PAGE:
Details

  • DesignationNational Scenic Byway (2009)
  • Intrinsic QualitiesHistoric
  • LocationMD
  • Length195 miles
Byway Visitor Information
Southern Maryland Heritage Area
Statewide Byway Partners
Maryland Byways Foldable Map - Download
Maryland Office of Tourism Development
Much as it looked like when the church was founded in 1641
Lardner/Klein Landscape Architects, P.C. Photo

Overview

Follow the paths of Maryland’s first English colonists, drawn to the new world where new ideals of religious freedom might take hold. Follow along a series of historic sites, including many early religious communities such as the Mt. Carmel Monastery, as travelers discover the meaning of religious freedom. Explore the expansive living-history museum and archaeology site of Historic St. Mary’s City, Maryland’s first capital, known as “the birthplace of religious toleration in North America.”

Local Byway Partners

Story of the Byway

To board a tiny ship and set sail across the broad unknown of the Atlantic, Maryland’s first English colonists must surely have been drawn by something magnificent, and indeed, they were. For these brave souls, Maryland was a new world where new ideals might take hold. They gave up not just their old lives, but their whole known world to build a new home on the shores of the Chesapeake Bay. In Historic St. Mary’s City, “the birthplace of religious toleration in North America,” they would build the foundation of American freedom. Today, visitors can follow in the wake of these pioneers through a tidewater land in places unspoiled by the winds of time along the Religious Freedom Byway. This route is also part of the Great Chesapeake Bay Loop and visits places to enjoy and explore the bay. Visitors will begin on the Port Tobacco Loop, originally a Potapoco Indian village where Jesuit Father Andrew White established a missionary outpost. Visitors can explore the one-room schoolhouse built in 1872 and tour the Port Tobacco Courthouse, now a museum containing tobacco exhibits and archaeological finds.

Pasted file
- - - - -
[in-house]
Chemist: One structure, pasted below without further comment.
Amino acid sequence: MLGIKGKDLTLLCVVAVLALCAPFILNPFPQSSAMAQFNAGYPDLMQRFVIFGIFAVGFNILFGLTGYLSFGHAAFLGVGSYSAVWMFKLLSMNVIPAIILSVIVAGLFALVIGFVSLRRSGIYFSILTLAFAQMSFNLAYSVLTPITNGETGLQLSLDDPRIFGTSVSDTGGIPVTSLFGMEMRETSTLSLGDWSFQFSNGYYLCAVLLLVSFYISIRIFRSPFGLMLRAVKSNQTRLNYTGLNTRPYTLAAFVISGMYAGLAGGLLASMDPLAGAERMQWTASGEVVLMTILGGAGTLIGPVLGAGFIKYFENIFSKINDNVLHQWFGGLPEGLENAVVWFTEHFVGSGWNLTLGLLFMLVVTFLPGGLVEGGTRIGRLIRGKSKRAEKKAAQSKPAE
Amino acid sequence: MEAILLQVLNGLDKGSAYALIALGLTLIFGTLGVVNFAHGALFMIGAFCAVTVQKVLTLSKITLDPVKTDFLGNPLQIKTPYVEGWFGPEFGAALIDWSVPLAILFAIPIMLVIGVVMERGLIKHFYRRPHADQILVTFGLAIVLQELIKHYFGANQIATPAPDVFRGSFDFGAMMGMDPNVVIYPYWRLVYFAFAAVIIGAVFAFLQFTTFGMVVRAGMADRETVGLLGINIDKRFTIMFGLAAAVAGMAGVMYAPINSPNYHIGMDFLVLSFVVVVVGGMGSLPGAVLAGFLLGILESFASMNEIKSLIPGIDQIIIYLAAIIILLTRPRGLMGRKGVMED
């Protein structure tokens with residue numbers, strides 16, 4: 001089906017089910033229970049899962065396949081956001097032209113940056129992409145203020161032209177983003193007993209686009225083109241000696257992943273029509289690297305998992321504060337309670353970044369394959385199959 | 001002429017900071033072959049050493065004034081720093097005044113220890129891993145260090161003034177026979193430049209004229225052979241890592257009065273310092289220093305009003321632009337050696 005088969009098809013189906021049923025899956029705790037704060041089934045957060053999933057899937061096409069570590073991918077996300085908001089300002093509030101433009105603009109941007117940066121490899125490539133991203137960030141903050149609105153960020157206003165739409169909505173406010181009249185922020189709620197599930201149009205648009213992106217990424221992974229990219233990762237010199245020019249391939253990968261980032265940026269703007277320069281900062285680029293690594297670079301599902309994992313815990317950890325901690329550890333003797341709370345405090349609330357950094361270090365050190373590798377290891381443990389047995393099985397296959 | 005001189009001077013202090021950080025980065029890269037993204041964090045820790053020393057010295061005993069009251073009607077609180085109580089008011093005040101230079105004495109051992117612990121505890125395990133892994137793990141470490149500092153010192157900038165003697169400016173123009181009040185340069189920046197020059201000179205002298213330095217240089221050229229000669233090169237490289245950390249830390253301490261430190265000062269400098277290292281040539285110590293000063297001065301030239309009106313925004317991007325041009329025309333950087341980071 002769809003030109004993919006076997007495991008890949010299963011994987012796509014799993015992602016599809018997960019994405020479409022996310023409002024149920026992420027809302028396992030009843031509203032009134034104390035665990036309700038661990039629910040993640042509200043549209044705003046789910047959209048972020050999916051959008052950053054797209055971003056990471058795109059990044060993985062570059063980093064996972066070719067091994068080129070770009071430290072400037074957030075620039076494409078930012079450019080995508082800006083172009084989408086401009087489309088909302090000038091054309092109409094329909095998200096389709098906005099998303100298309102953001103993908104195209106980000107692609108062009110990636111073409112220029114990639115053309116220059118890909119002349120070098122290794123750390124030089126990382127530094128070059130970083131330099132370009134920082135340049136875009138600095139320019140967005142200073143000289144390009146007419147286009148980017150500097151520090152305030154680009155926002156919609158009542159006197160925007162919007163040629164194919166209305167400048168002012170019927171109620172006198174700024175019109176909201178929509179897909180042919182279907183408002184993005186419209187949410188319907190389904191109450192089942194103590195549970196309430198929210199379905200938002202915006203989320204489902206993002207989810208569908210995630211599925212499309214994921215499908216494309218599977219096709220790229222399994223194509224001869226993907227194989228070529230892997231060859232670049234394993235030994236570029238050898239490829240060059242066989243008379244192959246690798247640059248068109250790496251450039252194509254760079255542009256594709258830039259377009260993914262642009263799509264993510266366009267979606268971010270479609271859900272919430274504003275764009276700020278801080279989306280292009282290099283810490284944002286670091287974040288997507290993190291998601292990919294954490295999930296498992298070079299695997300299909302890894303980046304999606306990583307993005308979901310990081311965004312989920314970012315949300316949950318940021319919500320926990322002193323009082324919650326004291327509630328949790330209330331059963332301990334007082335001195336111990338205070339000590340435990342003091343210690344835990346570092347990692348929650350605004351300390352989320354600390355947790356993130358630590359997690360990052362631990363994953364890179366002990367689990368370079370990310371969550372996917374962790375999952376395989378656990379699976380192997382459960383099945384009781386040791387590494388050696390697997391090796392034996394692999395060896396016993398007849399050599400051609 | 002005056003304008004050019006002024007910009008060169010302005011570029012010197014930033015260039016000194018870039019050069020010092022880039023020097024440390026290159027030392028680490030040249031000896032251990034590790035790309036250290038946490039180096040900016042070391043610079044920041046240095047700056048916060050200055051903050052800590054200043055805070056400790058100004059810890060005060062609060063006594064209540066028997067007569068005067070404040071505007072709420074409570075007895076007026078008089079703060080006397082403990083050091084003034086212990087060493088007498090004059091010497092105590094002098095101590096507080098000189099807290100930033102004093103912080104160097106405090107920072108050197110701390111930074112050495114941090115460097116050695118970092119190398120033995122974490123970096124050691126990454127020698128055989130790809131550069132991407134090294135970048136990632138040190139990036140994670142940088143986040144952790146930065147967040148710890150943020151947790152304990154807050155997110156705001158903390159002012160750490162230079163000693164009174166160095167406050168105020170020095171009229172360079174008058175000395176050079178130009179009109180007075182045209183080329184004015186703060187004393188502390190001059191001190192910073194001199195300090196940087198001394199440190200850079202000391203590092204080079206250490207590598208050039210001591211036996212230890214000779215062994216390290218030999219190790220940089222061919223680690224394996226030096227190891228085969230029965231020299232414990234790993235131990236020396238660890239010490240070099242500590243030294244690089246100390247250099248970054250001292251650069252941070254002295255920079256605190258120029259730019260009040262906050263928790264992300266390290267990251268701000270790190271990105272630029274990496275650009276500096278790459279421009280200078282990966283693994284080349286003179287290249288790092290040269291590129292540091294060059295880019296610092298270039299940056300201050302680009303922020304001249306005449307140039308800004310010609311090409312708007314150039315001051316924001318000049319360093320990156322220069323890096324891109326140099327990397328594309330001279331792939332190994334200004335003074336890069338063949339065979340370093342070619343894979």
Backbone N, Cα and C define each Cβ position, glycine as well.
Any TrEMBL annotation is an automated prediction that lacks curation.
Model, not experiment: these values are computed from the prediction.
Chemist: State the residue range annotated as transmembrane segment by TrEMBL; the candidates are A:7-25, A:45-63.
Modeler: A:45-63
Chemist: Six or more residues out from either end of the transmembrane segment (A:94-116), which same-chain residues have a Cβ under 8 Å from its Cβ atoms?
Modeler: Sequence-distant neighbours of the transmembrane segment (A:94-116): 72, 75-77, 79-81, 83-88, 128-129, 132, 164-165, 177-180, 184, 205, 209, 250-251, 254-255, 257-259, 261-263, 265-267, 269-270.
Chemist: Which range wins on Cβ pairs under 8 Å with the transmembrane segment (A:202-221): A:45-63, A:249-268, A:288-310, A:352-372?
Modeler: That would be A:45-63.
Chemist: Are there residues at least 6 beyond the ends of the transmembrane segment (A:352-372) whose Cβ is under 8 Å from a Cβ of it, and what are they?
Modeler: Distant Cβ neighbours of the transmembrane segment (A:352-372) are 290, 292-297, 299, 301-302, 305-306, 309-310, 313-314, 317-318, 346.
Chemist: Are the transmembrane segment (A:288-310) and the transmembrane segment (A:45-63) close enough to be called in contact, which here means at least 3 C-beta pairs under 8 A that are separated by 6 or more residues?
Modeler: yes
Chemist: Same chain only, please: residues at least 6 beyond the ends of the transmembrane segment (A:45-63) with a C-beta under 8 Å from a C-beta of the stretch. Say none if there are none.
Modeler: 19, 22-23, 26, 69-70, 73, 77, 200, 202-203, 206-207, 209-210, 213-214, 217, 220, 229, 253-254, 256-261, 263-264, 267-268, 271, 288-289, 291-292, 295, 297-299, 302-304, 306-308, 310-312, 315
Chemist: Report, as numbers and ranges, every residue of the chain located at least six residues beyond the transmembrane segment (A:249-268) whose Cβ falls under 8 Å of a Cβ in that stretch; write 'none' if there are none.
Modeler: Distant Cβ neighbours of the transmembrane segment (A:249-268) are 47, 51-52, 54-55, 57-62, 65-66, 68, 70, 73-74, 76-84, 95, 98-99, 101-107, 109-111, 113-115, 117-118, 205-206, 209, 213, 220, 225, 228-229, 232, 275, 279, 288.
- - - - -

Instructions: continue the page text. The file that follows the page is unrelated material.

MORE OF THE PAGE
As visitors continue west, the route passes the Christ Church Durham Parish. Though the parish dates to 1692, the current brick structure was constructed in the 1730s. They will then stop at Smallwood State Park,which houses the estate of Gen. William Smallwood, a Revolutionary War hero and the fourth governor of Maryland. There is also a marina and excellent fishing opportunities. Numerous national bass-fishing competitions have been held here. Freshwater fishing is available on a 23-acre lake inside the Myrtle Grove Wildlife Management Area. Then, as visitors head back to Port Tobacco, they should be sure to stop by the Mt. Carmel Monastery, which was established in 1790 as America’s first religious community for women. The last stop on this portion of the byway is the 322-acre Thomas Stone National Historic Site, which is also part of an 830-mile Potomac Heritage National Scenic Trail that stretches between the Chesapeake Bay and the Allegheny Highlands. Visitors should take a guided plantation tour to learn about Stone, who was one of four signers of the Declaration of Independence to hail from Maryland. Visitors will then head south toward Chapel Point to visit the oldest continuously serving Catholic parish in the nation, St. Ignatius Catholic Church, which was established by the Jesuits in 1641. Nearby is St. Thomas Manor, which was constructed a century later and is the oldest Jesuit residence in the world still in use.